I do have a picture of a piece for sale that I recently made (alert: Rachel H! eye candy for you!) that I don't think I posted, so in the absence of anything substantive:

Saturday, February 9, 2008

(With Apologies) Frailty, Thy Name Is Woman

Yes, I know that by "frailty", the Bard meant "fickleness", but I'm feeling rather puny and frustrated right now, as I'm running a fever of 100.8, so I've allowed myself some creative quoting.

There was a fabulous local tapas restaurant that served killer mojitos, which I recently found out had closed, and which led me to an obsession: to have a dinner party inspired by tapas. This would mean that instead of a few courses with multiple coordinated accompaniments, I'd orchestrate a procession of bites, each complimenting the previous, so that for example crunchy would follow creamy, sharp would follow mellow and so on.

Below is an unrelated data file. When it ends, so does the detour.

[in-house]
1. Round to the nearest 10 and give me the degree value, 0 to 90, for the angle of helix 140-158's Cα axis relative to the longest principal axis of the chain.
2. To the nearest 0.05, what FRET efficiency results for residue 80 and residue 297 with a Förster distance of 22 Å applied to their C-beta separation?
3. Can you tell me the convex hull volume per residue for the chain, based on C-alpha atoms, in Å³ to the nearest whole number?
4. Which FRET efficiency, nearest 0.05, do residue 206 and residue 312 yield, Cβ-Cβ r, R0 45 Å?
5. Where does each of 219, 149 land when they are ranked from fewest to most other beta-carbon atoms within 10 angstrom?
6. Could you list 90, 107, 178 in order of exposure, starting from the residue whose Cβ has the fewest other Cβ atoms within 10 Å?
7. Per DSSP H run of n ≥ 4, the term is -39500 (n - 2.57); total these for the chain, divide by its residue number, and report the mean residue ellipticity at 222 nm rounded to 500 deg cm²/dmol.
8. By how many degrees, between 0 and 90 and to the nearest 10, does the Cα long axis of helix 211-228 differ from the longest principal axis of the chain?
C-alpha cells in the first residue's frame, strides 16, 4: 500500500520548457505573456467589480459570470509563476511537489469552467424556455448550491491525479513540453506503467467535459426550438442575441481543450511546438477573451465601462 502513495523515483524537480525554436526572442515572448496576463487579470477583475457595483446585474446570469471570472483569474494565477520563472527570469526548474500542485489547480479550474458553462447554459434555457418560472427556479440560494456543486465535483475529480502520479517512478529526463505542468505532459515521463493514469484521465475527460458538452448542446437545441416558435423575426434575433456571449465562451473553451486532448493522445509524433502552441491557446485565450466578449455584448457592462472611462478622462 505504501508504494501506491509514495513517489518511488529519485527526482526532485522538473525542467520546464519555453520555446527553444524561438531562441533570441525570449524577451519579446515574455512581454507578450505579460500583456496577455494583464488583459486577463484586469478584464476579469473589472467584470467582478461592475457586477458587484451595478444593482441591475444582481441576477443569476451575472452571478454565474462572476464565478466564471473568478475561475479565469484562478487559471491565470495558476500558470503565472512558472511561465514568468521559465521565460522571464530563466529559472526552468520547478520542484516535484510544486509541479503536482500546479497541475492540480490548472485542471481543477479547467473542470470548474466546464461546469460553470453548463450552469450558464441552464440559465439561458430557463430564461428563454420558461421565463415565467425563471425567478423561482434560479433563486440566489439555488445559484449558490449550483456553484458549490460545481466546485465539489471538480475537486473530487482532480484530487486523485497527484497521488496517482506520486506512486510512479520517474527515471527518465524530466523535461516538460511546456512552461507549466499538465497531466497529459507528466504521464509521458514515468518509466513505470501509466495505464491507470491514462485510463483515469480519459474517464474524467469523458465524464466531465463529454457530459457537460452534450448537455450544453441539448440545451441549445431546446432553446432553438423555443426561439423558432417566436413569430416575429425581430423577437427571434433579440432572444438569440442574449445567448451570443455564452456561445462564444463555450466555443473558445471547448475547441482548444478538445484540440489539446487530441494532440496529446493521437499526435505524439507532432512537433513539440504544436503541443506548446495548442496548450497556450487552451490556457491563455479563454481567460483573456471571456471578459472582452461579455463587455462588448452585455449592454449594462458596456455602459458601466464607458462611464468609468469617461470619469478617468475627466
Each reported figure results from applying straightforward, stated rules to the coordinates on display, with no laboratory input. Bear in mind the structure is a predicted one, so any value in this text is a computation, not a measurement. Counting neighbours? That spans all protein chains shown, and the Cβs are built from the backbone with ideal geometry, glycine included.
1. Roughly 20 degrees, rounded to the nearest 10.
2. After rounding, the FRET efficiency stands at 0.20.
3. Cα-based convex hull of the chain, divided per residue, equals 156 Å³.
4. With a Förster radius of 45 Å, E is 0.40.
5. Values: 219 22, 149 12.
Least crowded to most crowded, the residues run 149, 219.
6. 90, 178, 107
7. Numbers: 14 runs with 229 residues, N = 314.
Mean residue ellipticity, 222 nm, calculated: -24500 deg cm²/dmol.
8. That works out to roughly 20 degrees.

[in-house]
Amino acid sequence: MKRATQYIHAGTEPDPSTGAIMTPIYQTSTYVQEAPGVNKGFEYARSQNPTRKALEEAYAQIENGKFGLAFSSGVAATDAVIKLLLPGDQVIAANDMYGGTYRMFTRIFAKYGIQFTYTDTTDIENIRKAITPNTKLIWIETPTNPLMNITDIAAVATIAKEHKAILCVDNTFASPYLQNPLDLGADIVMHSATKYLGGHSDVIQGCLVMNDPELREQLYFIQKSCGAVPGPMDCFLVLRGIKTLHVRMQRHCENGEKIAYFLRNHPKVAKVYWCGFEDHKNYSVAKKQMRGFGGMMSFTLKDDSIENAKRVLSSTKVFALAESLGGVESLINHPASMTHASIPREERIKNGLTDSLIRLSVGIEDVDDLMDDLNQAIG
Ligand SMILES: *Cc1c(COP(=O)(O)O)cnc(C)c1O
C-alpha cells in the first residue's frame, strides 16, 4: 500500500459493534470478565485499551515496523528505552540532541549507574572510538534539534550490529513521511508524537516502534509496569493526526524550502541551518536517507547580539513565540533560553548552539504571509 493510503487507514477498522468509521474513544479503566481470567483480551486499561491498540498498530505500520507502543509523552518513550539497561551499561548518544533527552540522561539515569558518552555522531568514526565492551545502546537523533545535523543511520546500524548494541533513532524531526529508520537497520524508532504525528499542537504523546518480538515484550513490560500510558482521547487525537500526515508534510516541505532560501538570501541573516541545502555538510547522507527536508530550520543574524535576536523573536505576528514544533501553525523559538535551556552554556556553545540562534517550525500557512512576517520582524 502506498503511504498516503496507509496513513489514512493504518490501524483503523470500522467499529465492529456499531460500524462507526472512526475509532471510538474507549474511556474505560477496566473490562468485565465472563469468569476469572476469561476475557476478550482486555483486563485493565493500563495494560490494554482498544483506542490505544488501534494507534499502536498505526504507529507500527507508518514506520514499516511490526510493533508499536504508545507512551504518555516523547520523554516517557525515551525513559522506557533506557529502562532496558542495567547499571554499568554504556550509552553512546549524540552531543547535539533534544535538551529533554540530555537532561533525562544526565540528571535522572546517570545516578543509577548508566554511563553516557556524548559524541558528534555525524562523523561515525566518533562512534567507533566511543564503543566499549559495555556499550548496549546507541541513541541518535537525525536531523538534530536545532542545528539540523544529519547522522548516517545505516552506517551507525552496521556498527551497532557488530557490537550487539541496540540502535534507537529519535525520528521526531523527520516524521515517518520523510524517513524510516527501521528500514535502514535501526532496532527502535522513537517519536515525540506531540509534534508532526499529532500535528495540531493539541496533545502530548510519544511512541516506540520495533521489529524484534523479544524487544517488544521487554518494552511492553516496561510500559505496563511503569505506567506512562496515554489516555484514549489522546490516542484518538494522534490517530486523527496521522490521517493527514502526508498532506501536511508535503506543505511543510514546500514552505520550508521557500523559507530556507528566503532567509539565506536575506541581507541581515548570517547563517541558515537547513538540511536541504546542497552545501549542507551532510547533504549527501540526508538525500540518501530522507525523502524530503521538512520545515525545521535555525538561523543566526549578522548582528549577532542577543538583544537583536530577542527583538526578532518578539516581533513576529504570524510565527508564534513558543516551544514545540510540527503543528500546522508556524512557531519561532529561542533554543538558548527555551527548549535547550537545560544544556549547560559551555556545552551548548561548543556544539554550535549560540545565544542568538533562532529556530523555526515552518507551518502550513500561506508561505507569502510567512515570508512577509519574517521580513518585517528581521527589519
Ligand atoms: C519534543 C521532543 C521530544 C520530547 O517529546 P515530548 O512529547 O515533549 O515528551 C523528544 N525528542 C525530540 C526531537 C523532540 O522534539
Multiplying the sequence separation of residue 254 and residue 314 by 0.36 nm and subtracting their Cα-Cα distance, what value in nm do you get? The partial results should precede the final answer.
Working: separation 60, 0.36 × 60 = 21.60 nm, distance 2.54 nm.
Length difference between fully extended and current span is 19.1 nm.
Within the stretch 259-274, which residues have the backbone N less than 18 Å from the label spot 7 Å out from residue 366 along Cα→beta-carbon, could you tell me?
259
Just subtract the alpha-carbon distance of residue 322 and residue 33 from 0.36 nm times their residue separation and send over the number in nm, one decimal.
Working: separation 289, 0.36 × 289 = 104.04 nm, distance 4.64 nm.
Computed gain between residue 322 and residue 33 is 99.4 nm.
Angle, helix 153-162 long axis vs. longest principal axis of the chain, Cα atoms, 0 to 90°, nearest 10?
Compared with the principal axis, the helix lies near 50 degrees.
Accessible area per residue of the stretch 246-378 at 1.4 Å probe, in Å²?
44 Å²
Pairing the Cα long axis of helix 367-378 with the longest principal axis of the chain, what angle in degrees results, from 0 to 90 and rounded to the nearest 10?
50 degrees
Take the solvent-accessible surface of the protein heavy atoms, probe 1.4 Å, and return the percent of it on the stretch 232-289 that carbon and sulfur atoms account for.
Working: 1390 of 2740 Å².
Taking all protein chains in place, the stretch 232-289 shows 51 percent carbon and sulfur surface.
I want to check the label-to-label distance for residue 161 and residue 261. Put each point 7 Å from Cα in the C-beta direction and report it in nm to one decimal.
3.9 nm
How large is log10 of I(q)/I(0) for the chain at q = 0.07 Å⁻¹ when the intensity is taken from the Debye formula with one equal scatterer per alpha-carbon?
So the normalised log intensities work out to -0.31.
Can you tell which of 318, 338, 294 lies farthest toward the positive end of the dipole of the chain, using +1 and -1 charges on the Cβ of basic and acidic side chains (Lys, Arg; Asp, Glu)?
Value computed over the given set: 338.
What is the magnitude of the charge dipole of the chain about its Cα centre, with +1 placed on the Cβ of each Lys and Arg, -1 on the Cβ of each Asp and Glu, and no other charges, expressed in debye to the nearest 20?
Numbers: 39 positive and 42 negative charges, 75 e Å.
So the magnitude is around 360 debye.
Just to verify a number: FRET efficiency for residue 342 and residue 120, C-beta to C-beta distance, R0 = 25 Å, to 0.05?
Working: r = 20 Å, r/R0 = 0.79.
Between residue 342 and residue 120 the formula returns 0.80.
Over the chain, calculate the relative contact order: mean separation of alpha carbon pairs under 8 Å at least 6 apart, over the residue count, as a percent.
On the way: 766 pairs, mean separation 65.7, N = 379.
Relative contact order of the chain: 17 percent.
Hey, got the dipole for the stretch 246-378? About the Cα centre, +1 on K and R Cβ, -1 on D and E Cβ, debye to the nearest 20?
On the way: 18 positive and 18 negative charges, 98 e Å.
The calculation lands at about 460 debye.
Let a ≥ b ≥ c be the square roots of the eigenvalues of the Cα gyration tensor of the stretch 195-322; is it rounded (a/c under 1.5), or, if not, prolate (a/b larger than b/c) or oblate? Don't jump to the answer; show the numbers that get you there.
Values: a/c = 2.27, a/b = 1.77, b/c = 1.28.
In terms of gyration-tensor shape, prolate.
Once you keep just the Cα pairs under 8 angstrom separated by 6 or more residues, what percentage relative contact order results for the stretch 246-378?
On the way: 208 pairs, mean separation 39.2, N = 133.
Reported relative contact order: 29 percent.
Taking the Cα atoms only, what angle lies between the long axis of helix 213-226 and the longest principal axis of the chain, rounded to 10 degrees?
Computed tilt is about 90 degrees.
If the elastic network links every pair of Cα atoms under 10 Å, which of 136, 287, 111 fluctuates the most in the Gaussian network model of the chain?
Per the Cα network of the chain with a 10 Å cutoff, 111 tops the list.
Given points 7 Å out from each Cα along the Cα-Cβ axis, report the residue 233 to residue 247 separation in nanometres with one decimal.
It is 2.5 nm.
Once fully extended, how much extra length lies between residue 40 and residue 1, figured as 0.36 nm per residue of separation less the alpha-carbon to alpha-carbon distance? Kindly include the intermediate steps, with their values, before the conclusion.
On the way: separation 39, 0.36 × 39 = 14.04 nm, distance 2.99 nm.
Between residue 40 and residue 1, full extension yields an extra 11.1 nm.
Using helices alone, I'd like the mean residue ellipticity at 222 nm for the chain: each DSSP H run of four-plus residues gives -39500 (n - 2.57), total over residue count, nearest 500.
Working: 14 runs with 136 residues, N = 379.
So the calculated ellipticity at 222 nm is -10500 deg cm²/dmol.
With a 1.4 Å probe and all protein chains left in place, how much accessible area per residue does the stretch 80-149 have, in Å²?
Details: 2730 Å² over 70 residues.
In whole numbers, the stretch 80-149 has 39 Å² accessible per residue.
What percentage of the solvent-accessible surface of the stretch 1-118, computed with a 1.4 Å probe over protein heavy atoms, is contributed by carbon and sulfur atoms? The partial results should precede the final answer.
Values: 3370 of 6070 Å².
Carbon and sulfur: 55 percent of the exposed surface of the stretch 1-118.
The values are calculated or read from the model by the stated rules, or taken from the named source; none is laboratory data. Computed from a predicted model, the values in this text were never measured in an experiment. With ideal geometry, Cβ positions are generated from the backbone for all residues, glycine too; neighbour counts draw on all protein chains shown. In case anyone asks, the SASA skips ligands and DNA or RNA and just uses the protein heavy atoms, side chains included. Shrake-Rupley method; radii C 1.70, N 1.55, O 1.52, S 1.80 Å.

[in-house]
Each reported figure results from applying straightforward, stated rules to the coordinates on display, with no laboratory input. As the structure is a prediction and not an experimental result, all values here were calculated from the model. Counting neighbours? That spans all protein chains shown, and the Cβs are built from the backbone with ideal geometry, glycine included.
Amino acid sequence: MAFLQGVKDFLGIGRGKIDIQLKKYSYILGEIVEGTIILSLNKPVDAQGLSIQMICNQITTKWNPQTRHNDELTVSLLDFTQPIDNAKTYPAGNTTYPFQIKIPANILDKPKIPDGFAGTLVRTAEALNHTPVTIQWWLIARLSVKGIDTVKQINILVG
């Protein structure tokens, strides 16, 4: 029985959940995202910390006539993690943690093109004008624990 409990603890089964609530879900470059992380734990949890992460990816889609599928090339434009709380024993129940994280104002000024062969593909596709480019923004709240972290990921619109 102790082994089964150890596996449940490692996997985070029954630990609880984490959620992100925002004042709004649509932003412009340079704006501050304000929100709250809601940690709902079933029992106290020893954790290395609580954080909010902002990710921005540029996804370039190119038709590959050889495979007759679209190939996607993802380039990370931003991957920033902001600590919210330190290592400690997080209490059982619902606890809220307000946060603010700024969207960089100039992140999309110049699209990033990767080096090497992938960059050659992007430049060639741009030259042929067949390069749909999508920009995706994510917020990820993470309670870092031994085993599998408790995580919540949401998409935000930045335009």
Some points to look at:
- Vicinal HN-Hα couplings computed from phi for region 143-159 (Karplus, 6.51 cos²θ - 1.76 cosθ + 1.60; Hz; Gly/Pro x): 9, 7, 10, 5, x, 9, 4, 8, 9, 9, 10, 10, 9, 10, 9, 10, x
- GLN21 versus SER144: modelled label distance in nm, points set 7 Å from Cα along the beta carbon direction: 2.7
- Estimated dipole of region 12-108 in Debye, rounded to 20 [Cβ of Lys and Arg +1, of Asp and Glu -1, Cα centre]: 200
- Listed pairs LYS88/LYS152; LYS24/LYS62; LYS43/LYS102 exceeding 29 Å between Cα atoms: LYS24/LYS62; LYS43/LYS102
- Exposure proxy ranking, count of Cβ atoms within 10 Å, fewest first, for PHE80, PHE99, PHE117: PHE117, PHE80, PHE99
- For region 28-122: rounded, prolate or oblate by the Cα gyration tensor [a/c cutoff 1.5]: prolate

I spent a goodly amount of time scouring my books and my favourite recipe site for exquisite inspirations, and I found them. We would start with a fig and olive tapenade with goat cheese, and end with anise-scented chocolate mousse with cardamom-infused creme anglaise, with about eight other morsels in between, such as buckwheat blinis with smoked salmon and creme fraiche, cucumber-sesame salad, and chestnut-fennel soup. 

What kept me up at night was the orchestration of actual plates: my dinner service is for twelve, but I was expecting seven guests (yeah, I know, even numbers are better, but surprisingly, there were those who had Other Plans, the nerve), but I do have an extraneous Shelley (same shape, different pattern) tea service and one or two little oddities which would probably avoid the need for too much dish-washing between courses.

Except for the 100.8 degree fever.

No matter how maniacal my attention to meticulous hand-washing, my guests all agreed that they'd be more comfortable not eating food prepared by a sickie.

I'm feeling rather frail and frustrated.

Thursday, February 7, 2008